By Candle Beck
The night the aliens came was the first time John understood the extent of his predicament.
He awoke to the sound of his name, which crashed through every layer of his dream like a man fallen out of plane punching through the clouds. Sherlock was shaking him, thin fingers on John's shoulder, ordering him to consciousness.
In the corner of the room, wielding a soft-glowing lavender light, was a foreign biped, a solid yellow-chalk block of skin and an opaque face like a black mirror. An alien! John bolted upright, choking on something that wasn't quite fear (it was never quite fear, never quite how a normal man would have reacted). Sherlock had him by his forearms, hauling him out of bed and into the invaded dark of the room.
Sherlock looked as unearthly as anything else. Pale like nothing John had ever seen, like a piece of marble cutting through an unlit ocean. He was easy to follow, impossible to lose. Some parts of John's mind were still asleep.
They weren't really aliens, if one wanted to be literal (but why would one ever want to be literal?). There were more of them in the hallway, on the stairs, swarming like insects in the main room. John's mind clicked and stuttered-biohazard suits. Geiger counters? There were men behind those unseeing mirrors.
It didn't do much to help his sense of overwhelming bewilderment. Standing on the pavement in his flannel trousers and a T-shirt, guttery London streetlight washed over everything, his bare feet were freezing. John clutched at his arms, said, "What?" and "Sorry, what?" a number of times.
Sherlock was saying something about institutionalised paranoia and a government gone mad with power derived from fear. The men in biohazard suits trickled in and out of their flat, carrying bits of Sherlock's home laboratory bound in thick plastic. Sherlock's bloodless face was alight with outrage, and he paced, his narrow hands flitting through the air.
John watched him raptly, a stuporous dull-eyed look on his face. Sherlock did this to him more often than not-stopped him where he stood. Arrested every fraction of his attention. Dimmed the rest of the world to black and white. John couldn't say why that kept happening.
He was becoming gradually numb. His skin felt bluish. He said Sherlock's name, still learning the feel of it in his mouth, strange and soft and sharp at the end.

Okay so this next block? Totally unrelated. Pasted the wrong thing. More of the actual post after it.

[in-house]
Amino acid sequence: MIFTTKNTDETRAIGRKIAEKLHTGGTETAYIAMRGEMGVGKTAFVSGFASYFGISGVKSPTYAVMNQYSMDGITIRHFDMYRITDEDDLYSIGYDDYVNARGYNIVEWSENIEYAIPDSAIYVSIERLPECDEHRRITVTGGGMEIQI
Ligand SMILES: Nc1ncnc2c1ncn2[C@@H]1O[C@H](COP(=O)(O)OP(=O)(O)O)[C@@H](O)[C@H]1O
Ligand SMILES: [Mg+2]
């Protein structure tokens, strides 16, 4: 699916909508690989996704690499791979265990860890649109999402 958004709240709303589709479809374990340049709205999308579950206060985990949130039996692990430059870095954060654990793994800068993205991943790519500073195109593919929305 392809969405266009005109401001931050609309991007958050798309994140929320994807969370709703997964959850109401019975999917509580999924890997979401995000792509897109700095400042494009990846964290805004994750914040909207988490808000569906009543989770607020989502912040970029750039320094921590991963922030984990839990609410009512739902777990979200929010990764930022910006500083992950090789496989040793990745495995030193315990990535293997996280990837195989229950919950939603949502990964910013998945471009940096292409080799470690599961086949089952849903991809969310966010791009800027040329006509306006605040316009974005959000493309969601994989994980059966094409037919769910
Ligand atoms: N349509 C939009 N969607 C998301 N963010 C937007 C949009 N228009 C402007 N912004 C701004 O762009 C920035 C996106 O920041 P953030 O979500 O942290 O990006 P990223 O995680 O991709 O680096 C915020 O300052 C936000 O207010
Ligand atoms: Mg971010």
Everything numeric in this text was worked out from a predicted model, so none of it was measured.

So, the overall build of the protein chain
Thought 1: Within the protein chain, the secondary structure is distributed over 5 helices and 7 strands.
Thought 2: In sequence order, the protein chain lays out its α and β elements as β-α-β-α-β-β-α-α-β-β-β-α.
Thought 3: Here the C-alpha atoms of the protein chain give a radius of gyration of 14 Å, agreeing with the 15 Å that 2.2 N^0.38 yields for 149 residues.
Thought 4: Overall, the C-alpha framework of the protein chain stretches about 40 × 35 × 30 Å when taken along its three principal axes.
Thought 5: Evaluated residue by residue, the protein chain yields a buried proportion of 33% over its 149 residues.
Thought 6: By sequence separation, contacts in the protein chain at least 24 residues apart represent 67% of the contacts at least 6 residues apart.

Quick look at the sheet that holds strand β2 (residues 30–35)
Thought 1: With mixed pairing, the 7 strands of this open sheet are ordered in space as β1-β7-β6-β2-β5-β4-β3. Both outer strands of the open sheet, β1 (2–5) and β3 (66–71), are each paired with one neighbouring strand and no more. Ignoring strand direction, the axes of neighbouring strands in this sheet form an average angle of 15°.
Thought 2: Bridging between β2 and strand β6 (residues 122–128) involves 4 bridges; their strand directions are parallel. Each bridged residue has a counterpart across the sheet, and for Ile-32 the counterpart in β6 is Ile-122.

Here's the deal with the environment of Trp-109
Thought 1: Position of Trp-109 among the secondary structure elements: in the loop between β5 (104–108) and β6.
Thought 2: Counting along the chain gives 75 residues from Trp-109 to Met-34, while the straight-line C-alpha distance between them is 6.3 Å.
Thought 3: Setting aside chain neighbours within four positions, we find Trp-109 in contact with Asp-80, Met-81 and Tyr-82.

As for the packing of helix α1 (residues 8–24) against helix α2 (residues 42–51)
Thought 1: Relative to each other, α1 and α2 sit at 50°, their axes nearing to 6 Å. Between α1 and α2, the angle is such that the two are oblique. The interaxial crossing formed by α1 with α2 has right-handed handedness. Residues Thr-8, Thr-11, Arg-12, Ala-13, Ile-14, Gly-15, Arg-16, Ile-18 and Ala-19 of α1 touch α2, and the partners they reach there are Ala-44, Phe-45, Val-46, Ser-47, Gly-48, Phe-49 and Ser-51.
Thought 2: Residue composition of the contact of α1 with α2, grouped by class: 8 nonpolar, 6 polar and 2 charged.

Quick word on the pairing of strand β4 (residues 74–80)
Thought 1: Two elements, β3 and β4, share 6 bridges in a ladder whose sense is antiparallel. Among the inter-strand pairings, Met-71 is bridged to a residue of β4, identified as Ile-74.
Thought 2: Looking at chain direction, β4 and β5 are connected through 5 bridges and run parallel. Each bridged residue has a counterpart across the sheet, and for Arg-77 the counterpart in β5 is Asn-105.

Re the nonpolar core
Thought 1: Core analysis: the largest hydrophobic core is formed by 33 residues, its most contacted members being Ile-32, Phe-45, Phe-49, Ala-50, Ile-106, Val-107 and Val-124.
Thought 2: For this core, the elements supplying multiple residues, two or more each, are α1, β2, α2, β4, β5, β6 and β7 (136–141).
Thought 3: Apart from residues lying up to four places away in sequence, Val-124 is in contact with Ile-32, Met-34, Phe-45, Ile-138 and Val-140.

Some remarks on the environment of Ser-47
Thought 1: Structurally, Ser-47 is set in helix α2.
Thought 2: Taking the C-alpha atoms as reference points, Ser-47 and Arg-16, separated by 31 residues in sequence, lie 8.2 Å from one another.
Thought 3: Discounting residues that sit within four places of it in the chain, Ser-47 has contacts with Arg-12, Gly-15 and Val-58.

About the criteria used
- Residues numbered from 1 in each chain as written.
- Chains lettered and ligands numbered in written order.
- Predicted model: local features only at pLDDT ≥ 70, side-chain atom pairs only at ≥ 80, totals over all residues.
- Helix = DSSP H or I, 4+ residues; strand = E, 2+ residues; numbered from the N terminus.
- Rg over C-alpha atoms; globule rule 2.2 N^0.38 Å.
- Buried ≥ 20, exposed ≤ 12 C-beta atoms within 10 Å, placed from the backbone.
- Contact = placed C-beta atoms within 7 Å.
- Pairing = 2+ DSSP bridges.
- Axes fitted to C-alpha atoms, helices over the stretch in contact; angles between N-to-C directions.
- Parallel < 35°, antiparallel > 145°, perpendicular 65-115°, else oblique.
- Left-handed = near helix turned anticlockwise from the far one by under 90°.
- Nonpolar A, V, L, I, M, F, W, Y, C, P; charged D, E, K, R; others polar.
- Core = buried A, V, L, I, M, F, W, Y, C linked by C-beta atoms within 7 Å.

Without a hitch in his impassioned anarchistic monologue, Sherlock swept the scarf off his neck and hooked it around John's.
It was an entirely unexpected thing for him to do. The scarf smelled like burnt biscuits and Gauloises, and something bitter and chemical that John couldn't place. He balled up the ends in his hands, pulled to feel the cloth moving against the back of his neck. He was suddenly warmer than he should have been.
In the back of John's mind, a little voice said, trouble.
He ignored it. He had always hated that little voice.
John enquired after the sneaking chemical scent in Sherlock's scarf, and Sherlock told him distractedly, "That would be the mustard gas, most probably."
The surprising thing about that was that John wasn't even very surprised.
So there was this lunatic that John had moved in with.
Sherlock had a jar with human eyes in it (in point of fact, he had three). He had books in sixteen different languages with handwritten notes in the margins. A fleshless skull comprised the core of his inner circle. When he was bored, he synthesised mustard gas.
He was rude and abrupt and callous beyond belief-like a child who hadn't yet learned not to ask why people were in wheelchairs, except Sherlock hadn't yet learned not to ask why people would be upset at catastrophically upsetting things, such as a member of their family dying. But he also poured a cup of tea for someone else when he wasn't actively engaged in appearing magisterial, and he gave up his scarf when John was standing barefoot in the road, and he said, "it's all right, all right now," to shivering trauma victims-small moments, trifles, but wasn't it supposed to be all about the details? Sherlock wasn't a sociopath; there was almost certainly a better diagnosis.
Nobody seemed to like him at all.
John thought Sherlock was fantastic, actually. It was another one of those reactions that normal men obviously weren't supposed to have.
He'd been like this forever. His mother told stories of how he'd been attracted to the road when he was a toddler. Somewhere in his recesses he still cherished the memory, the world-crushing roar of a lorry thundering past only a hand's breadth from his small defenceless body. No tree was too tall for him to climb; no lake was so deep that John Watson couldn't swim down and touch the bottom.
Now that daredevil boy was all grown up. There was a vivid scar on his shoulder where they had dug out the bullet. There was a specific nightmare that woke him up night after night, sunlight and bloody sand and wretched human chaos-nothing to do with aliens. And John wasn't entirely sure 'nightmare' was the proper word for it, either. The language had been failing him left and right recently.